Sadr responded to these arrests by unleashing what can only be described as the beginning of a revolutionary campaign to seize power. Having already seized numerous public building in recent months, his followers took over the offices of the Governor of Basra and assaulted police stations in several cities, including Karbala' with its sacred Shi'ite religious shrines to the Imam Abbas and the Imam Husayn. In Najaf his followers invaded Shia Islam's holiest center, the Shrine of the Imam Ali. These attempted power grabs are not new. Last October, Coalition forces intercepted 30 busloads of a thousand heavily armed Sadr followers as they were headed down from Baghdad to Karbala' to seize control of its shrines and the central city.
On Monday, the Administrator of the Coalition Provisional Authority in Baghdad, L. Paul Bremer III, declared Muqtada Sadr an "outlaw." Now there is no turning back. If any kind of decent, democratic, and peaceful political order is to be possible in Iraq, the Coalition will need to arrest Muqtada Sadr, crush his attempt to seize power by force, and dismantle his Mahdi army.
This will only be the beginning of a campaign to control privatized violence and construct a rule of law in Iraq. As I said earlier, the CPA is now negotiating with a variety of militias tied to Iraq's political parties a comprehensive plan for disarmament, demobilization, and reintegration of their fighters. Reintegration has its own hazards; command posts in the army and police cannot be given to agents who will remain loyal mainly to a political party or private cause. Neither can intelligence be compromised by placing senior party or militia loyalists in sensitive positions. Disarmament will need to be carefully monitored and checked against the common tendency in many post-conflict situations to cheat and deceive, hiding large arms caches as a hedge against a dangerous future. As in many other aspects of Iraq's transition, the assistance of the United Nations would be valuable in advising, monitoring, and giving credibility to this process.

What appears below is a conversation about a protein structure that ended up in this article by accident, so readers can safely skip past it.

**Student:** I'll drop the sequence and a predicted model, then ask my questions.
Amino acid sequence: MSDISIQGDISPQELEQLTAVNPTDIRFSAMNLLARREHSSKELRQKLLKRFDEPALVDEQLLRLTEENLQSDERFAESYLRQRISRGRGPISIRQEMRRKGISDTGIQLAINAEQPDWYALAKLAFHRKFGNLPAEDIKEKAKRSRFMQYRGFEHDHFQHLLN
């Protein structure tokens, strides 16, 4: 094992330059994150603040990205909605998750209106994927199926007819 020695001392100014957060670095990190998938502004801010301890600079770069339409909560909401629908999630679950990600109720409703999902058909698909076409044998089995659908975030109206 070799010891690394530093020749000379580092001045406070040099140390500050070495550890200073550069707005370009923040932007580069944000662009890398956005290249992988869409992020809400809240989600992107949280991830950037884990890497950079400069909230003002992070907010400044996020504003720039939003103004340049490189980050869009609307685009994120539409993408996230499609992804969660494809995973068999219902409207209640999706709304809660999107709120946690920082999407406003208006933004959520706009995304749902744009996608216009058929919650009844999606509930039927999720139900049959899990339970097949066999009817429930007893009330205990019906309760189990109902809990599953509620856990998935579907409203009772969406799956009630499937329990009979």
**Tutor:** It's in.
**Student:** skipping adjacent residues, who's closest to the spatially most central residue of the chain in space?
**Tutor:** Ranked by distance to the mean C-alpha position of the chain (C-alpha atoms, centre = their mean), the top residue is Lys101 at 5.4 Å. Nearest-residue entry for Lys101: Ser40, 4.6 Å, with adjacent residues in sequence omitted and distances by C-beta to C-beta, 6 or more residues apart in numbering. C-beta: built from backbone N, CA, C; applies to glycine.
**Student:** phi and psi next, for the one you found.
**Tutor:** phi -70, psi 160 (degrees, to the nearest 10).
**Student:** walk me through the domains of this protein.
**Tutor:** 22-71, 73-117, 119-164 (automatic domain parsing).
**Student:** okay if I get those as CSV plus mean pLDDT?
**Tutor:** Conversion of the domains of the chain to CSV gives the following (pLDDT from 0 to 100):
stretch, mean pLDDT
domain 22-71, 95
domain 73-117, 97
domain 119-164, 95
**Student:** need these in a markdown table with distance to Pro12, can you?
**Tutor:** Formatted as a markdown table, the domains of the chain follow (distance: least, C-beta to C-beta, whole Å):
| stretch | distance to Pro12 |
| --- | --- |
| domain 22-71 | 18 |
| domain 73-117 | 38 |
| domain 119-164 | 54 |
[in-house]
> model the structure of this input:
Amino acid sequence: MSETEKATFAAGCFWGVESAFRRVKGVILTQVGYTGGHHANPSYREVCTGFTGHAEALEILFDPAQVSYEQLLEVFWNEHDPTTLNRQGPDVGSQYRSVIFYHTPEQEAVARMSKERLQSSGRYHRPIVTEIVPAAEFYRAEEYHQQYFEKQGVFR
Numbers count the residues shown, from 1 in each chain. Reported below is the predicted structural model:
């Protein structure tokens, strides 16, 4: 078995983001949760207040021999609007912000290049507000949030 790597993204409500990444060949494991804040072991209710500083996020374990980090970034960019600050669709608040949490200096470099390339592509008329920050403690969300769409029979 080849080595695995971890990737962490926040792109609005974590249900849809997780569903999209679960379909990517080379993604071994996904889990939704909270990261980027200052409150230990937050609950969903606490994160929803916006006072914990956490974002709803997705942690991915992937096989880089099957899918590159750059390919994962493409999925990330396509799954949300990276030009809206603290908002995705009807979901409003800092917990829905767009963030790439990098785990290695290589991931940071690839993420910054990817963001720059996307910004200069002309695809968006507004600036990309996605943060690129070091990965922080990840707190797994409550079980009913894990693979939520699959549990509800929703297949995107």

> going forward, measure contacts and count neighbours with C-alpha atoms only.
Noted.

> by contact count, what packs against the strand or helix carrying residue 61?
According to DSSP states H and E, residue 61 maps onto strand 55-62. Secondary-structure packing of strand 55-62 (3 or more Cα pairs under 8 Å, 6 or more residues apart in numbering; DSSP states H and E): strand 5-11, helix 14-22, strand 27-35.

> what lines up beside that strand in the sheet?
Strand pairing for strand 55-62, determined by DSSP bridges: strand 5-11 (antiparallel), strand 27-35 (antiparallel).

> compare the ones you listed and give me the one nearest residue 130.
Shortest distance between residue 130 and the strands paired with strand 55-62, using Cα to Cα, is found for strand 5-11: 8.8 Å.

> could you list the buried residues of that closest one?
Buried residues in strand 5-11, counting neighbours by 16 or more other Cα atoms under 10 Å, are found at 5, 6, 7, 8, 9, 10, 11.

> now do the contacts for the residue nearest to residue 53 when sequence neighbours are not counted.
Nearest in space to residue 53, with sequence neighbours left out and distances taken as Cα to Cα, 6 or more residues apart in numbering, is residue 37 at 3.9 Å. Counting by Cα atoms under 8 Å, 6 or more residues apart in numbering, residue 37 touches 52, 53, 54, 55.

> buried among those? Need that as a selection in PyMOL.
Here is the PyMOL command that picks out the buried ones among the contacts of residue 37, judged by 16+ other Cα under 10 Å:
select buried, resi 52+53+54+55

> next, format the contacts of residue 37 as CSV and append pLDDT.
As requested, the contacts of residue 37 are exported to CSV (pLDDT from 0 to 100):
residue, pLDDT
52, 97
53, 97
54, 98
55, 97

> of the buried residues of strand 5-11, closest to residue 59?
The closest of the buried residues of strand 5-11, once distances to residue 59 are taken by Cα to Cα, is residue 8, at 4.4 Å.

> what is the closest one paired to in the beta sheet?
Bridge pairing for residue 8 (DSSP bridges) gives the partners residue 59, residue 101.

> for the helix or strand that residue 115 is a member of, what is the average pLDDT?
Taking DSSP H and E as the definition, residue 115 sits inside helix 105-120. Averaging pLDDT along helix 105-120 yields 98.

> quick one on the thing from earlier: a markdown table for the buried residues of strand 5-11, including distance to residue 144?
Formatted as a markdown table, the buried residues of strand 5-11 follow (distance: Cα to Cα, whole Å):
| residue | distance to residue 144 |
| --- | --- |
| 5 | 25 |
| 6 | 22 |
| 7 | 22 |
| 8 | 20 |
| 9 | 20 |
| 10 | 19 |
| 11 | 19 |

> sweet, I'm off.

Negotiated demobilization of the principal militias can only work if the Mahdi Army is forcibly disarmed, for that will both eliminate one of their most dangerous rivals and send an indispensable message about the will of the Coalition. But many additional forceful measures will be needed. These must include vastly enhanced security on Iraq's borders with Iran, Syria, and Saudi Arabia, and blunt messages to the Iranian and Syrian regimes. The Iranian Mullahs must understand that we will not stand by and watch them brazenly subvert the quest for democracy in Iraq. They must know that two can play this game. They face a mounting resistance to oppression in their own country, and we can do much more to assist it, in direct proportion to the irresponsibility of their actions in Iraq and with regard to nuclear proliferation. And the same goes for Syria, through which-Iraqi democrats are convinced-al Qaeda terrorists are passing freely into Iraq, with the assistance of Syrian intelligence.
At best, we are in for a rough few weeks and months ahead in Iraq. Tragically, there are going to be many more Iraqi, American, and other Coalition casualties. Al-Qaeda will probably attempt another spectacular act of terrorism as Shi'ite pilgrims now flood into the holy cities of Najaf and Karbala' for the religious holiday of al-Arbain. As the violence increases, more and more critics will be uttering the words "Vietnam" and "quagmire." But this is not Vietnam-most Iraqis are disgusted with the violence and clearly want the chance to freely elect their own government.